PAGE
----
Rebecca Blouwolff: Bonjour à tous! I've been teaching at WMS since 1998. My goal is for every student to be able to communicate in French, both in the classroom and beyond. My own passion for immersion-style teaching dates back to my experience as a French student at Amherst Regional Junior High School in the 1980s. After spending four summers in high school with French host families, I fell in love with the French language, people, culture, and FOOD! I studied some French while doing my BA at Brown University and worked as a TA to the French department before serving as a Fulbright Teaching Scholar in Saint-Omer, France in 1996-97. My MEd is from Harvard Graduate School of Education. I had the occasion to return to France in 2005-6, when I lived in Strasbourg, taught English at the ENA, and studied French literature. In 2018, I became a National Board Certified Teacher. In 2019, I was chosen to be Massachusetts Foreign Language Association's Teacher of the Year and the Northeast Conference on the Teaching of Foreign Language's Teacher of the Year. In 2020, I was chosen as National Language Teacher of the Year by ACTFL. I am a parent to two school-aged children with whom my husband and I speak exclusively in non-native French.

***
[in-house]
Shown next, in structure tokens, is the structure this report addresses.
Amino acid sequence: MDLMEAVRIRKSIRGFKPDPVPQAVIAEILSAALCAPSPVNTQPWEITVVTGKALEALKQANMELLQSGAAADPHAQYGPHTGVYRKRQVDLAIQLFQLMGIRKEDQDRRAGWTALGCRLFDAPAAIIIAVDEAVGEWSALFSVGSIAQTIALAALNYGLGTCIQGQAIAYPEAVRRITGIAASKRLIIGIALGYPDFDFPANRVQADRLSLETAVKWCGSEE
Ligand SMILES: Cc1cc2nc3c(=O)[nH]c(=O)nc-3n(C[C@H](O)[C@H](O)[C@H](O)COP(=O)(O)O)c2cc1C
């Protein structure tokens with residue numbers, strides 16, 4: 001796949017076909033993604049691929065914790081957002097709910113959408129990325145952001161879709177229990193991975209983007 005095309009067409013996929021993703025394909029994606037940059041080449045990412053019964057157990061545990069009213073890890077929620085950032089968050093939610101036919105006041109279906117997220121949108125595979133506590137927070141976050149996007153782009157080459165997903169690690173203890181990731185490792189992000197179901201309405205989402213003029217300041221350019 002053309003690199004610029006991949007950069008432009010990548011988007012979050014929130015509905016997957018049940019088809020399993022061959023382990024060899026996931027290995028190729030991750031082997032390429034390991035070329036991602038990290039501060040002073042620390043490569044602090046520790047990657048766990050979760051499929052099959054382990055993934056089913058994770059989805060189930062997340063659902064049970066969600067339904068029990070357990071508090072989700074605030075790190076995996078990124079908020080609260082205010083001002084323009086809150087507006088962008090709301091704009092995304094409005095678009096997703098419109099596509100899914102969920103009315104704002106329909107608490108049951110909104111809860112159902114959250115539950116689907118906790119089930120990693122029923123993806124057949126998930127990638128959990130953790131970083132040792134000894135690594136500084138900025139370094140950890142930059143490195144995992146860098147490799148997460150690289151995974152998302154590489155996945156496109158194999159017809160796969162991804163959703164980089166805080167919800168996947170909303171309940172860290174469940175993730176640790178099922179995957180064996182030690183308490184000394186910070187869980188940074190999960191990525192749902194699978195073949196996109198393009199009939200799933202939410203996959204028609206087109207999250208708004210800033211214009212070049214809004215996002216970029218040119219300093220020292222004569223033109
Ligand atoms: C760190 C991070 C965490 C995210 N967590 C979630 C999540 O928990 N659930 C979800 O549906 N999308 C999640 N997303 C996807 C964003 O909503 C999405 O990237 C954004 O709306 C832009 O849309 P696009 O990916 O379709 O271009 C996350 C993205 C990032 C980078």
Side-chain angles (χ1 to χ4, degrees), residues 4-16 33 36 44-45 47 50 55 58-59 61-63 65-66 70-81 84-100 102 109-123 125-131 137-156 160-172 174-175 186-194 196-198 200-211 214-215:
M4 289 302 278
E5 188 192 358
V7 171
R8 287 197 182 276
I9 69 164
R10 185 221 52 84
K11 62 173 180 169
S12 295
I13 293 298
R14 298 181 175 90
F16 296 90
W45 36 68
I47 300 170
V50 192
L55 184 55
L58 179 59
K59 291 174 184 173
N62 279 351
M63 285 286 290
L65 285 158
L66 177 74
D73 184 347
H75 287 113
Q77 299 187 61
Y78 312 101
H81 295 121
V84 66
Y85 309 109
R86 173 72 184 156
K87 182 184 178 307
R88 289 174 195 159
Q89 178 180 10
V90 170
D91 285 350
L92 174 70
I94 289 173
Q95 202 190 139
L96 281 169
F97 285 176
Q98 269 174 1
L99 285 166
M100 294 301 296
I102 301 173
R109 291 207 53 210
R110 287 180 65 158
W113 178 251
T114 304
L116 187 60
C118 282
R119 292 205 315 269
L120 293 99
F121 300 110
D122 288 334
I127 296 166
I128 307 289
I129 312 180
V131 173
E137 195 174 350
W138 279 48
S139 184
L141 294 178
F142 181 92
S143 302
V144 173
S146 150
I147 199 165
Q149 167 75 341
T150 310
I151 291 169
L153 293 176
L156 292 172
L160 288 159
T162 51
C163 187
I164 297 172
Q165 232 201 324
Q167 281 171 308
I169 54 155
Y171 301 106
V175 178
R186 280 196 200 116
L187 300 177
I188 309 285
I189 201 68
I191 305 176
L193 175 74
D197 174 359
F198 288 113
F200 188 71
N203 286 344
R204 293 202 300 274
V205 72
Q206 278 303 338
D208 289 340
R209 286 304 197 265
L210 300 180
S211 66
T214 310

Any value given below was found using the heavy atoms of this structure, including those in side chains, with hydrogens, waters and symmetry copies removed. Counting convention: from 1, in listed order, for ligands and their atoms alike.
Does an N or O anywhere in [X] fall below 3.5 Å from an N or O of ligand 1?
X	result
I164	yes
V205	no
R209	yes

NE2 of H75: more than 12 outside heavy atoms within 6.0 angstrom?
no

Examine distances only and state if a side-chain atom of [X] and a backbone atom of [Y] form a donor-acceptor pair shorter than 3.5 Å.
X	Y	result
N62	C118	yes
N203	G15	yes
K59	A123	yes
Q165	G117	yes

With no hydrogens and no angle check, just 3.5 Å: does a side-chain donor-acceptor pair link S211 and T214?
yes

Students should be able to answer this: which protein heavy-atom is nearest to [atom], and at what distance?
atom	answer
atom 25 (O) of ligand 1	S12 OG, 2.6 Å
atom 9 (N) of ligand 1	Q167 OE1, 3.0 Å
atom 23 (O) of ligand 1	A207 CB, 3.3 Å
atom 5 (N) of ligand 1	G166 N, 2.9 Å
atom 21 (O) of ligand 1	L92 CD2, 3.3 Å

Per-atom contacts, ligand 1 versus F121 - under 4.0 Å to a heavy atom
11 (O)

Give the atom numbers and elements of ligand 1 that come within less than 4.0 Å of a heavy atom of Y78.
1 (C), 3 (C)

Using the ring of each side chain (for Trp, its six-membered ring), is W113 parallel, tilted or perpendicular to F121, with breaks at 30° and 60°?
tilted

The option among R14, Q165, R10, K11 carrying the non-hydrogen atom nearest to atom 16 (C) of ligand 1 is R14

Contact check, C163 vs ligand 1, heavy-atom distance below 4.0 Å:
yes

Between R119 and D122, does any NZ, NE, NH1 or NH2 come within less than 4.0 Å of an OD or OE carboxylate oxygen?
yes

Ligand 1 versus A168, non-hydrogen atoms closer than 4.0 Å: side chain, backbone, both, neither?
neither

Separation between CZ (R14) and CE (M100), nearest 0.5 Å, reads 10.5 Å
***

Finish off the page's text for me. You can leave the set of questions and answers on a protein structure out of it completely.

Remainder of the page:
Dr. Janine Theiler supports world and heritage language teachers in Lincoln Public Schools (NE) with the design, improvement, and implementation of curriculum to advance the program mission of “preparing all learners to thrive in a multilingual and interconnected society through the development of communicative language skills, intercultural proficiency, and ability to reflect on diverse perspectives.” She has served in the educational sector in several capacities; as a classroom Spanish teacher at the middle and high school level, as a research assistant and program coordinator at the post-secondary level, as a state-level expert on world language curriculum and educator effectiveness, and now as a district-level world language curriculum coordinator. Her greatest professional joy is situated in ensuring that every K-12 student interested in learning another language be given that opportunity and that every learner who walks through the classroom door be supported in a way that guarantees a successful communicative language learning experience.